Upcoming Garbage Collection for cache.nixos.org

Dear NixOS Community,

we write to share important news regarding an upcoming garbage collection process scheduled for end of February on cache.nixos.org.

This initiative is driven by our commitment to optimizing the repository and improving overall performance, while also addressing the substantial costs associated with the storage of our build artifacts. As part of our ongoing efforts, we aim to reduce these costs by implementing strategic measures such as garbage collection.

In this case, a garbage collection is the process of deleting store paths from cache.nixos.org. In the history of the cache, we always have taken an approach trying to preserve as much as possible all our history and all our store paths built once. (see below for details and implications)

Context: Navigating the Challenges of the Binary Cache

The NixOS Cache Working Group was formed in the fall last year with a bold idea: what if we could use chunk deduplication to reduce the costs of storage? Depending on the amount of deduplication achievable, this would allow us to reduce the ongoing costs, while also keeping the whole build history. Compressing/Deduplicating in place would also make it cheaper to egress from AWS in case we needed to change our hosting provider (for reference, the current extraction cost would be $25k).

The alternative was always that if the savings were not significant enough, we would have to resort to removing old build artifacts. We wanted to avoid doing so, because being able to checkout a 10 year old nixpkgs and still being able to run binaries from there without having to build is a neat property. Especially for scenarios such as reproducible science.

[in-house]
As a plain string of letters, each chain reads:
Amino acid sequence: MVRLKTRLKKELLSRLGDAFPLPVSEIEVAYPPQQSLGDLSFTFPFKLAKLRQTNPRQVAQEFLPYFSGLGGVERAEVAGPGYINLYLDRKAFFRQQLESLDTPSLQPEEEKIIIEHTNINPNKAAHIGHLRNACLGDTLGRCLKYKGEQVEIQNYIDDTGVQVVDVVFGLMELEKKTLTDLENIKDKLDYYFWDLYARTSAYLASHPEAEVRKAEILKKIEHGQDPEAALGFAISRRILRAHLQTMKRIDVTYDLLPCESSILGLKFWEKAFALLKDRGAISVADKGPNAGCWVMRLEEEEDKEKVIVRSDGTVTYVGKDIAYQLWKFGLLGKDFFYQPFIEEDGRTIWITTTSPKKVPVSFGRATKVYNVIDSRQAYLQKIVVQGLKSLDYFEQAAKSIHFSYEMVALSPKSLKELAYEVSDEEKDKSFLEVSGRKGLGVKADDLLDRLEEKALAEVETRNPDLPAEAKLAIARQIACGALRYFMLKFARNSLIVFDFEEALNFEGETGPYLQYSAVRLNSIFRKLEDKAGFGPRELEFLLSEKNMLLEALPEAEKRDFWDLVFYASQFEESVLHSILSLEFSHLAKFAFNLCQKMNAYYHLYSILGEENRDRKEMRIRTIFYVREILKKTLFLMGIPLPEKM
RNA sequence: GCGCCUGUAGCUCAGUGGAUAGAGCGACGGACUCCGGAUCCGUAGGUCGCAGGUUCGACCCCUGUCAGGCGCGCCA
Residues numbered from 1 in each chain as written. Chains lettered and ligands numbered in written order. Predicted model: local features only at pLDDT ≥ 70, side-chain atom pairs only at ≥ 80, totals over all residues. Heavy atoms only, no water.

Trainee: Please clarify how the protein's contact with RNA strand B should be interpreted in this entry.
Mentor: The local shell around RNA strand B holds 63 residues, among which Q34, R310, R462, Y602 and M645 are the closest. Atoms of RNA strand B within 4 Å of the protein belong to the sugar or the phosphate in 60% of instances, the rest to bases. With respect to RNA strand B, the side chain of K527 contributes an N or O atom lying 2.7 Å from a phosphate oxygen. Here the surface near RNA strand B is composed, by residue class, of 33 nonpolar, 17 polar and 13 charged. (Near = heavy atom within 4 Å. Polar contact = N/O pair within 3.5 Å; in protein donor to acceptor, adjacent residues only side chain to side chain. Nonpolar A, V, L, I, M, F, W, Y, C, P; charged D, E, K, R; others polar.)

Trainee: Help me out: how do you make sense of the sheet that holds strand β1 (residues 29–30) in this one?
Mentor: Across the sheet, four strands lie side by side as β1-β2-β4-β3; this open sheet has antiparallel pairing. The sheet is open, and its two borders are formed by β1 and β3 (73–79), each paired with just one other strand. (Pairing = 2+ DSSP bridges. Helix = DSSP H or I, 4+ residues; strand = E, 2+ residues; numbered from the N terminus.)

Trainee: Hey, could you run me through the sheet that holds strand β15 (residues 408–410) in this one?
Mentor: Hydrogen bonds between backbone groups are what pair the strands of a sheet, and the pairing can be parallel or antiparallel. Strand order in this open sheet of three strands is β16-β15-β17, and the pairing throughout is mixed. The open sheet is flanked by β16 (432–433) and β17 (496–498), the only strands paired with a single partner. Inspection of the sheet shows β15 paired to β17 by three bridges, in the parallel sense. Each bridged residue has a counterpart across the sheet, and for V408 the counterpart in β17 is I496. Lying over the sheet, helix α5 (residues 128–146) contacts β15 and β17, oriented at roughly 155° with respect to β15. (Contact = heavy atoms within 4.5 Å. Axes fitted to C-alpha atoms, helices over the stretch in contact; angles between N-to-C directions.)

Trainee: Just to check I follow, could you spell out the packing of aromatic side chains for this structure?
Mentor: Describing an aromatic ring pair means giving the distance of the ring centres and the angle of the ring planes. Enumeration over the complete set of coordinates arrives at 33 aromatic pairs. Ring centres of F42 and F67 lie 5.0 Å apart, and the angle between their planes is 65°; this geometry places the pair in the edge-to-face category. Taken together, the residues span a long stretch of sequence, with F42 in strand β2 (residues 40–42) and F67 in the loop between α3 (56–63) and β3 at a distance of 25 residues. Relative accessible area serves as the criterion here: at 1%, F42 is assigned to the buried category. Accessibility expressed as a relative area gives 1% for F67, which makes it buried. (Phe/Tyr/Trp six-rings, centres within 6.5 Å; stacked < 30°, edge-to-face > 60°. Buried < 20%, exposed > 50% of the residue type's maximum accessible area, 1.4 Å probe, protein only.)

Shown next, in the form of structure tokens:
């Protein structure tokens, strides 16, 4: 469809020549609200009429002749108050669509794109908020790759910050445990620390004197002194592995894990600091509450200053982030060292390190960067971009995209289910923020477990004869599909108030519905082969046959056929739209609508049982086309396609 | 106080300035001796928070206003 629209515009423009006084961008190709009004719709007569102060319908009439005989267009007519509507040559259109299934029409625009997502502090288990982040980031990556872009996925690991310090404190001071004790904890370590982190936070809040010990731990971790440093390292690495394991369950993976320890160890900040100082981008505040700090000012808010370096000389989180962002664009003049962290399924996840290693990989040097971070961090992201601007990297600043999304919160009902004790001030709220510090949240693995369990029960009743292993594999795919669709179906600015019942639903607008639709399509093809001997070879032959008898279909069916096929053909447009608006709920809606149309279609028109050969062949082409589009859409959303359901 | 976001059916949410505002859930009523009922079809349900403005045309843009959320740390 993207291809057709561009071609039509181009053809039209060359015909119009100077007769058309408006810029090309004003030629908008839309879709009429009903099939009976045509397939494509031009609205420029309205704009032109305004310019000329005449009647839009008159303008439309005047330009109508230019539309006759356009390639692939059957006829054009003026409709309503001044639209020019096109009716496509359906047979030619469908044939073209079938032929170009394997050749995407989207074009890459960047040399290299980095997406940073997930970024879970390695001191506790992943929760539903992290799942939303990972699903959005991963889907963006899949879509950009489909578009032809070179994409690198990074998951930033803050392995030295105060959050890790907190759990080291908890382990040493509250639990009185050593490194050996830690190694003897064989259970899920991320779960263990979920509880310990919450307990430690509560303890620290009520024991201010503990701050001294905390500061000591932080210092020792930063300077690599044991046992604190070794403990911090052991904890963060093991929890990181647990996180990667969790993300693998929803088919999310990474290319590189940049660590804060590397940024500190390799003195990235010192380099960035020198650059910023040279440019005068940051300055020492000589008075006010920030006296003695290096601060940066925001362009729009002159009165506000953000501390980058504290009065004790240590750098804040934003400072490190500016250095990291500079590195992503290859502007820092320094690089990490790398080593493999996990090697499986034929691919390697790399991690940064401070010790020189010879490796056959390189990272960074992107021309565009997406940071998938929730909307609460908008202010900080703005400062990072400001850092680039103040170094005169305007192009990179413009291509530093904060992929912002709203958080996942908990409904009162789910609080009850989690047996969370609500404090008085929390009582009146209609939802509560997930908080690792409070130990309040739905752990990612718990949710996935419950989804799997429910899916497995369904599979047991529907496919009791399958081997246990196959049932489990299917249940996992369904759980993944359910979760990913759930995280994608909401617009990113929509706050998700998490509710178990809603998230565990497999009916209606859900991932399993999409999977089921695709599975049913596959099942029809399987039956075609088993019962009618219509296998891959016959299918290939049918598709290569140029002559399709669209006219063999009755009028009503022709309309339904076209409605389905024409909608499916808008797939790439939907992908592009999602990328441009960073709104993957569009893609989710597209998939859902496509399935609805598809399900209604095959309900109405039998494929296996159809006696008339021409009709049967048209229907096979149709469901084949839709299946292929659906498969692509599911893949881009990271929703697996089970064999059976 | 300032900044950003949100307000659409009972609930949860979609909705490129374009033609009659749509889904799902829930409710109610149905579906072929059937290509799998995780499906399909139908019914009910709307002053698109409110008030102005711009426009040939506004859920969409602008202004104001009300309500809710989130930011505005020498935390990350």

The efforts so far produced a lot of valuable tooling, such as a parquet index of all the NARInfo files, a bucket log processing pipeline, and better tooling to understand dependencies between store paths in the binary cache. All these tools are open-source, and we plan to make the data more available more widely in the near future too.

On the cost saving side, while the deduplication would reduce the amount of data, we unfortunately didn’t anticipate an additional point in the list of AWS charges - the cost of PUT requests to re-write the data in chunked fashion.
$0.0005 per 1000 requests is cheap, until you have 800M objects. If you also use per-blob chunking to deduplicate similar files, this number could easily be multiplied by 4-8.

Factoring in these costs, we’d be in a range that is higher than the extraction costs just to deduplicate things in-place, greatly diminishing the immediate benefits.

While this could have been worked-around by yet more engineering effort (“packing” chunks together and providing an index), we decided against it at this time, and instead to proceed with plan B. This is mostly to relieve some pressure, as the foundation currently has to pay an additional $6,000 and rising per month (on top of the $9000 cost offset by Amazon). This should give some more headroom for further cache compaction mechanisms.